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In an effort to reduce illegal gun trafficking "along and across the Southwest border" of the United States, the Bureau of Alcohol, Tobacco, Firearms and Explosives (ATF) issued a demand letter to certain federal firearms licensees (FFLs) in Arizona, California, New Mexico, and Texas, requiring them to report sales to the same customer within five consecutive business days of "two or more semiautomatic rifles capable of accepting a detachable magazine and with a caliber greater than .22." Appellants Ron Peterson Firearms, LLC, Dale Rutherford, doing business as The Cop Shop, and Tracy Rifle and Pistol, Inc. were FFLs subject to the letter. They argued that ATF lacked the statutory authority to issue the demand letter and that the decision to target FFLs in the four Mexican border states was arbitrary and capricious. Concluding that ATF neither exceeded its statutory authority nor engaged in arbitrary and capricious action, the Tenth Circuit affirmed the district court's grant of summary judgment to defendant. View "Ron Peterson Firearms v. Jones" on Justia Law

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This appeal was brought by the Court Clerk for Tulsa County, Oklahoma, asking the Tenth Circuit to overturn a decision by the district court declaring unenforceable the Oklahoma state constitutional prohibition on issuing marriage licenses to same-sex couples. The issues presented to the Tenth Circuit in this appeal were: (1) whether plaintiffs could attack state constitutional provisions without simultaneously attacking state statutes to the same effect; and (2) whether the Court Clerk was a proper defendant as to the non-recognition portion of the Oklahoma constitutional prohibition. The Tenth Circuit held that plaintiffs had standing to directly attack the constitutionality under the United States Constitution of Oklahoma's same-sex marriage ban even though their claim did not reach Oklahoma's statutory prohibitions on such marriages. Under Oklahoma law, a constitutional amendment "takes the place of all the former laws existing upon the subject with which it deals." Because the statutory prohibitions were subsumed in the challenged constitutional provision, an injunction against the latter's enforcement will redress the claimed injury. An earlier appeal of this same case involving the standing inquiry led to a decision by a panel of the Tenth Circuit that dismissed proceedings brought against the Governor and Attorney General of Oklahoma. That panel ruled that "recognition of marriages is within the administration of the judiciary." ("Bishop I"). The Tenth Circuit concluded that the law of the case doctrine applied to Bishop I, but that the doctrine was overcome by new evidence demonstrating that the Tulsa County Court Clerk could not redress the non-recognition injury, thereby depriving Gay Phillips and Susan Barton of standing to sue. The Court affirmed the district court's ruling. View "Bishop, et al v. Smith, et al" on Justia Law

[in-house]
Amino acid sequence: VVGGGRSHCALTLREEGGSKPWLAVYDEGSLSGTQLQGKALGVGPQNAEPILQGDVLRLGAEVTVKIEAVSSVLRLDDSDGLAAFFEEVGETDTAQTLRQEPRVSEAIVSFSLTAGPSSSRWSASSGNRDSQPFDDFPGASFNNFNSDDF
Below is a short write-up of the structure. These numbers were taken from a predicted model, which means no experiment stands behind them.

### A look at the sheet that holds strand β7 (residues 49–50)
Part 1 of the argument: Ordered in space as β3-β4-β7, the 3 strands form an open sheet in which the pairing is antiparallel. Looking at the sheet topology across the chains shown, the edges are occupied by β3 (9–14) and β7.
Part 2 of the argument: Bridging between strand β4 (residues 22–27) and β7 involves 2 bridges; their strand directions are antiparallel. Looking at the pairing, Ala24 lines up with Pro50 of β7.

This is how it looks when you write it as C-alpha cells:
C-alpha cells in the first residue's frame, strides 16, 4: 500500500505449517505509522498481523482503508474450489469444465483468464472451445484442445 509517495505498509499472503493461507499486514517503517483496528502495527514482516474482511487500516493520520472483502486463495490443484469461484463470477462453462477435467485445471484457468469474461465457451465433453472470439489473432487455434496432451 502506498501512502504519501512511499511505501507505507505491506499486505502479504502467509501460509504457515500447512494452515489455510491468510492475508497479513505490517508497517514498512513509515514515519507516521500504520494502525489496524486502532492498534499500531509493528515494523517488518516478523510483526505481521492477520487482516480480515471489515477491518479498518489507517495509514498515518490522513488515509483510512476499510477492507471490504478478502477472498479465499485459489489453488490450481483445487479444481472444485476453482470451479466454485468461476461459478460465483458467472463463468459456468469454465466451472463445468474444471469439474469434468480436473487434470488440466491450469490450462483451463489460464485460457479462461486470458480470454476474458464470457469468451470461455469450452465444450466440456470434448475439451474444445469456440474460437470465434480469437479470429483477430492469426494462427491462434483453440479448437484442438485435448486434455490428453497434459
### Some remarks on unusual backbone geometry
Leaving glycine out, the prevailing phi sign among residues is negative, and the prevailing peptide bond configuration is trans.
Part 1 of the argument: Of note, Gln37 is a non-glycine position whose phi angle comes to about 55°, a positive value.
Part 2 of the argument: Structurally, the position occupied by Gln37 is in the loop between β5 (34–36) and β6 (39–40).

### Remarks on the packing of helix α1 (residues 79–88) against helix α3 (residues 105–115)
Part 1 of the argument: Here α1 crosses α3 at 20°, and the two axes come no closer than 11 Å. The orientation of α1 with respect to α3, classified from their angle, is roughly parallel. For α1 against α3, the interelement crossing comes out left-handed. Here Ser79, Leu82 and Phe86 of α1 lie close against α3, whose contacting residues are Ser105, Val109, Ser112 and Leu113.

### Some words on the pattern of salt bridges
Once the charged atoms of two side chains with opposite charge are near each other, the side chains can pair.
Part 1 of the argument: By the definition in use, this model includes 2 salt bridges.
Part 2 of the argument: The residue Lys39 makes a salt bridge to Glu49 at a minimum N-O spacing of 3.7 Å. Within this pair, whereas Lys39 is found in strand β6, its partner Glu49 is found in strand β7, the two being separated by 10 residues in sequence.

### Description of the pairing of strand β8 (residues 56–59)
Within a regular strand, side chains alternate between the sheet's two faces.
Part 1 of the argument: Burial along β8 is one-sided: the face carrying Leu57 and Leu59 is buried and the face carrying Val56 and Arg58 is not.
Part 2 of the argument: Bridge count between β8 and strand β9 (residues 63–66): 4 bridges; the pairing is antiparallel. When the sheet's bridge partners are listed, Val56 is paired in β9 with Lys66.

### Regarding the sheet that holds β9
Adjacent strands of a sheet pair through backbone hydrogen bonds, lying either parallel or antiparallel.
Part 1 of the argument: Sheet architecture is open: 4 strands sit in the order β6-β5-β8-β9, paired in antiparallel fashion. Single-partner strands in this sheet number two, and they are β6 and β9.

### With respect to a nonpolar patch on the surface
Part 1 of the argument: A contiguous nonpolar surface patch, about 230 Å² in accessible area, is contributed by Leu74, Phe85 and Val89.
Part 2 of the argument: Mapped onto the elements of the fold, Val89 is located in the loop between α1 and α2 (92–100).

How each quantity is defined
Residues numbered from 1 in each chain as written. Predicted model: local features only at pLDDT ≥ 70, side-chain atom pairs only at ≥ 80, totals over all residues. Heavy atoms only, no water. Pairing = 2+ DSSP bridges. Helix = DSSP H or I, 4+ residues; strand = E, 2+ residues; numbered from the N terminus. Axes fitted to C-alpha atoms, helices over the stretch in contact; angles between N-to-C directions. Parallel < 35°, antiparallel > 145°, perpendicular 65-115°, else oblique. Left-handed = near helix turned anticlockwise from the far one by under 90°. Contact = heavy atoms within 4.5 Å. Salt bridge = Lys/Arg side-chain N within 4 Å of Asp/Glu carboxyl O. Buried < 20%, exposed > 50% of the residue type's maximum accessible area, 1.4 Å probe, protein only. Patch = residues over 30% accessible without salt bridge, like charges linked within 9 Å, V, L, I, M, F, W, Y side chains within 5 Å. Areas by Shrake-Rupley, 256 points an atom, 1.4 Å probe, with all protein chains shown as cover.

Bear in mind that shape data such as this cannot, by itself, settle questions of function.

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Camille Lente appealed a sentence of 192 months' imprisonment, which was well above her advisory Guidelines range of 46 to 57 months, for three counts of involuntary manslaughter and one count of assault resulting in serious bodily injury. The district court relied on several specific factual circumstances in calculating its sentence, including Lente's excessive recklessness, her underrepresented criminal history, and her postconviction conduct. Upon review, the Tenth Circuit concluded that the district court thoroughly considered the relevant sentencing factors and adequately explained the basis of its decision to vary substantially upward, and that the sentence imposed was reasonable. View "United States v. Lente" on Justia Law